Matthews (1982) defines syntax as a branch of grammar dealing with the ways in which words are arranged to show connections of meaning within the sentence.

Radford (1988) says that syntax refers to the rules for sequencing or ordering words within a phrase or sentence. Without syntax and its rules, there would be no key with which to discern consistent meanings from a bunch of words lumped together. As a part of the internalized linguistic knowledge of a language, it enables the native speaker, and to an extent, a non-native speaker, to produce as well as recognize acceptable stretches of utterance in that language.

What should be understood to be implicit in the above definitions however is that a syntactic structure is not merely the sequencing of words selected from an array of grammatical categories but a selection based on contextual semantic relevance. For instance, in English, as applicable to the structure of some other languages such as French and Igbo, the basic word or category order is S+V-(+O)  or

            -  N/PP+V (+N/PP) where N/PP=Noun or pronoun phrase as subject (s) or object (o) respectively; and V= verb intransitively or transitively used, that is:

(4) Amaka /she eats (rice)

                Amalia / elle manges (du ris)

               Amaka/ O na-eri nri (osikapa)

Inverting the subject-object positions, the sentence become:

(5) Rice eats her

               Du ris elle manges

               Osikapa na- eri ya.

Osikapa na-eri ya; are semantically fallacious although syntactically valid.

Syntax deals with a number of things, all of which help to facilitate the understanding of a language.

            Inflection is an aspect of it which deals with how the end of a word might change to alter the role and meaning of lexical constituents and subsequently the meaning of the sentence. For example,                                                                                                  

(6) (a) The boy beat the girl

                  (b) The girl is beating up the boy

‘The boy’ is the subject/ agent while ‘the girl’ plays a role as object/ patient that under went the effect of the action of the verb, beat, simple past tense, 6a.

In 6b, the roles have been structurally and semantically reversed with the–ing inflection of ‘beat’ in the present tense, i.e , present continuous tense, indicating that the action is currently in progress or being carried out, and the adverbial particle ‘up’ as action intensifier. Another aspect of syntax comes under generative syntax and transformational generative grammar (T G G)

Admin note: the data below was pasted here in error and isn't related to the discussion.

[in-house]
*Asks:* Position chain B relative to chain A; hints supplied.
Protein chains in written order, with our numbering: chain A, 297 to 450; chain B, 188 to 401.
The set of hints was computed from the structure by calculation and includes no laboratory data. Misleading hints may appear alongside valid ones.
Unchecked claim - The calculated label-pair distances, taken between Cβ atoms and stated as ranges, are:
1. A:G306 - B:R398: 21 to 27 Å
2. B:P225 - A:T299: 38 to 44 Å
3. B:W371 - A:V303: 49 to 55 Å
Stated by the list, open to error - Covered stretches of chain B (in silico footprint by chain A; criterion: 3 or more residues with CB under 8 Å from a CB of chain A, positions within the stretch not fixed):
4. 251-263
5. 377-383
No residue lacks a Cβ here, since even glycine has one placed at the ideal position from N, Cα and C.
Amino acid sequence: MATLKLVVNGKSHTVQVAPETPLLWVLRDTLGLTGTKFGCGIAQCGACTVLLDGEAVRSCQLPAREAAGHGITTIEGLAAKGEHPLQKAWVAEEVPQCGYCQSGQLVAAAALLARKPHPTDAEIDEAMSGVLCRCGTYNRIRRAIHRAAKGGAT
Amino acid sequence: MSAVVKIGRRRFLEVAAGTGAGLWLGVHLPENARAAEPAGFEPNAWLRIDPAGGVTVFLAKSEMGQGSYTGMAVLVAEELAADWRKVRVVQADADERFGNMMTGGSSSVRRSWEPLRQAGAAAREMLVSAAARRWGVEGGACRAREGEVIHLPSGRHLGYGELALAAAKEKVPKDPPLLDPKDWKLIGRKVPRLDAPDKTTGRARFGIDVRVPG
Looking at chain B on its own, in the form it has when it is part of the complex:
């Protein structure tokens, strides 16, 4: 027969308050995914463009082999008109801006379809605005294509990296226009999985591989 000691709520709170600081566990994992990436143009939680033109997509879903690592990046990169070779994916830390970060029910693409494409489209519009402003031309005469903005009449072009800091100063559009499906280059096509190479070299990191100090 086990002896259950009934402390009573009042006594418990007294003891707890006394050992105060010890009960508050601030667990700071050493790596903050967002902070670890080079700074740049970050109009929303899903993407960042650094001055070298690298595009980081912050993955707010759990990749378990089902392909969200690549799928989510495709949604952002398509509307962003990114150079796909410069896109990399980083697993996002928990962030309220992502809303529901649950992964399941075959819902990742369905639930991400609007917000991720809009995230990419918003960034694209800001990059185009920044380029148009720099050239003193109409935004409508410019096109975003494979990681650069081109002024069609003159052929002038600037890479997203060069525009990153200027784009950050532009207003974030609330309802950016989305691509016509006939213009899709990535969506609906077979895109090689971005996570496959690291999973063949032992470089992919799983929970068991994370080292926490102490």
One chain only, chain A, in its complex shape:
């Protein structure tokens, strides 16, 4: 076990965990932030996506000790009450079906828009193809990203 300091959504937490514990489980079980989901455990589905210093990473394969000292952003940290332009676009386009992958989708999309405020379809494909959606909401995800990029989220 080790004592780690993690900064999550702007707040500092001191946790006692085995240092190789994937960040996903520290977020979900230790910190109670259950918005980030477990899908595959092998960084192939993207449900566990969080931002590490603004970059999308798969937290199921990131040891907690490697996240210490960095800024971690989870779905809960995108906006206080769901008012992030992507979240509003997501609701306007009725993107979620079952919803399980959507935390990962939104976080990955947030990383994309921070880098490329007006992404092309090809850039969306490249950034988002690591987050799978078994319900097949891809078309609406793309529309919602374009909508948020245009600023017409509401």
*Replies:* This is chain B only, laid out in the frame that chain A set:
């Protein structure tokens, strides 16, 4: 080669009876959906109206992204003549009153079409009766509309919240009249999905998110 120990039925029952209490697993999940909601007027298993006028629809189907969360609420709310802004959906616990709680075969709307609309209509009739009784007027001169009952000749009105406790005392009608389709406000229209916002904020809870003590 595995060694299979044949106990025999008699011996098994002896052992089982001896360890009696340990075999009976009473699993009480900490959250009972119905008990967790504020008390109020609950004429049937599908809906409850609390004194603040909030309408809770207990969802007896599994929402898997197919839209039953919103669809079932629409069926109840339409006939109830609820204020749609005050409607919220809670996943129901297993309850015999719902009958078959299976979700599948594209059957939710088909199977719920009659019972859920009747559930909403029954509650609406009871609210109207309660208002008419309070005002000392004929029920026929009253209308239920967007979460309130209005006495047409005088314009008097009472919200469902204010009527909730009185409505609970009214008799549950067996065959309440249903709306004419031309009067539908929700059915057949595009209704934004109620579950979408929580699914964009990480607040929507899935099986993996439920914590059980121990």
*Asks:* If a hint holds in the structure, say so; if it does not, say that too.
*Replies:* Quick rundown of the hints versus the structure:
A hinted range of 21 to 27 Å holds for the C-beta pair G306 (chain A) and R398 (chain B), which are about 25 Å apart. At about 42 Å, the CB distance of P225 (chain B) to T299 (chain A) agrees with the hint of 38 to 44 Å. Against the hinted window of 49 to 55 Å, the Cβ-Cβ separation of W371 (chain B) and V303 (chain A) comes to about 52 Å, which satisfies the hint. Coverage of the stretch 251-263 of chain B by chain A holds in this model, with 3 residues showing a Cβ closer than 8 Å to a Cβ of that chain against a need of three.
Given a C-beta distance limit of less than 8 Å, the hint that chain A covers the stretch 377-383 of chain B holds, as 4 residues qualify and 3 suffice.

Generative syntax is a syntactic model which formulates rules to describe the sentence of a language. The structure of the rules is pyramidal. Some of the rules are explicable within, or captured by some other rules until the whole rules are reduced to a minimum of rules which describe the whole linguistic structure.

For example, 

(7) NP             N

                         N        S

                         N        Det

                         N        Det   S

                         N        adj

                         N        adj adj etc;

(8)  INF                tns



                            Aux (modal, be) etc.

(9) VP              V

                        V         N

V       N P

V       P P

V       P P, P P

V       N S

V       N Det

V N adj adj etc

The above structures are reducible to the minimum structures as follows;

(10)  S                  N P INFL  VP…

The claim for this rule is that every sentence of every language is overtly or covertly composed of this structural order; and that irrespective of the variation of the order of the same lexical constituents, the sentence remains semantically true.

Transformational generative syntax on the other hand relates to the transformational syntactic rules which generate rules of surface and deep structure syntax. It relates the changes at the surface structure to those of the deep structure and reduces same to a minimum of rules.

On its part, transformational syntax refers to a syntactic model which claims the existence of surface and deep syntactic structures of which the former contains all the phonological element used in the actual speech but containing some unexpressed elements which give the sentence an (additional) underlying structure and meaning. For example, the expressions

(11)  (a) Come.

                     (b) Sit down

are considered as clauses and simple sentence because contrary to the expressed single verb /word structure in ‘11a’ and the phrase-like structure of ‘11b’, both have the implied subject / ‘noun’ phrase ‘you’ and, respectively, implied post adverb, ‘here’ and the post preposition ‘on / in that chair, seat etc. They, in other words are sequentially and semantically interpreted as the deep-surface outlay:

(12) (a) (You) come  (here, in etc)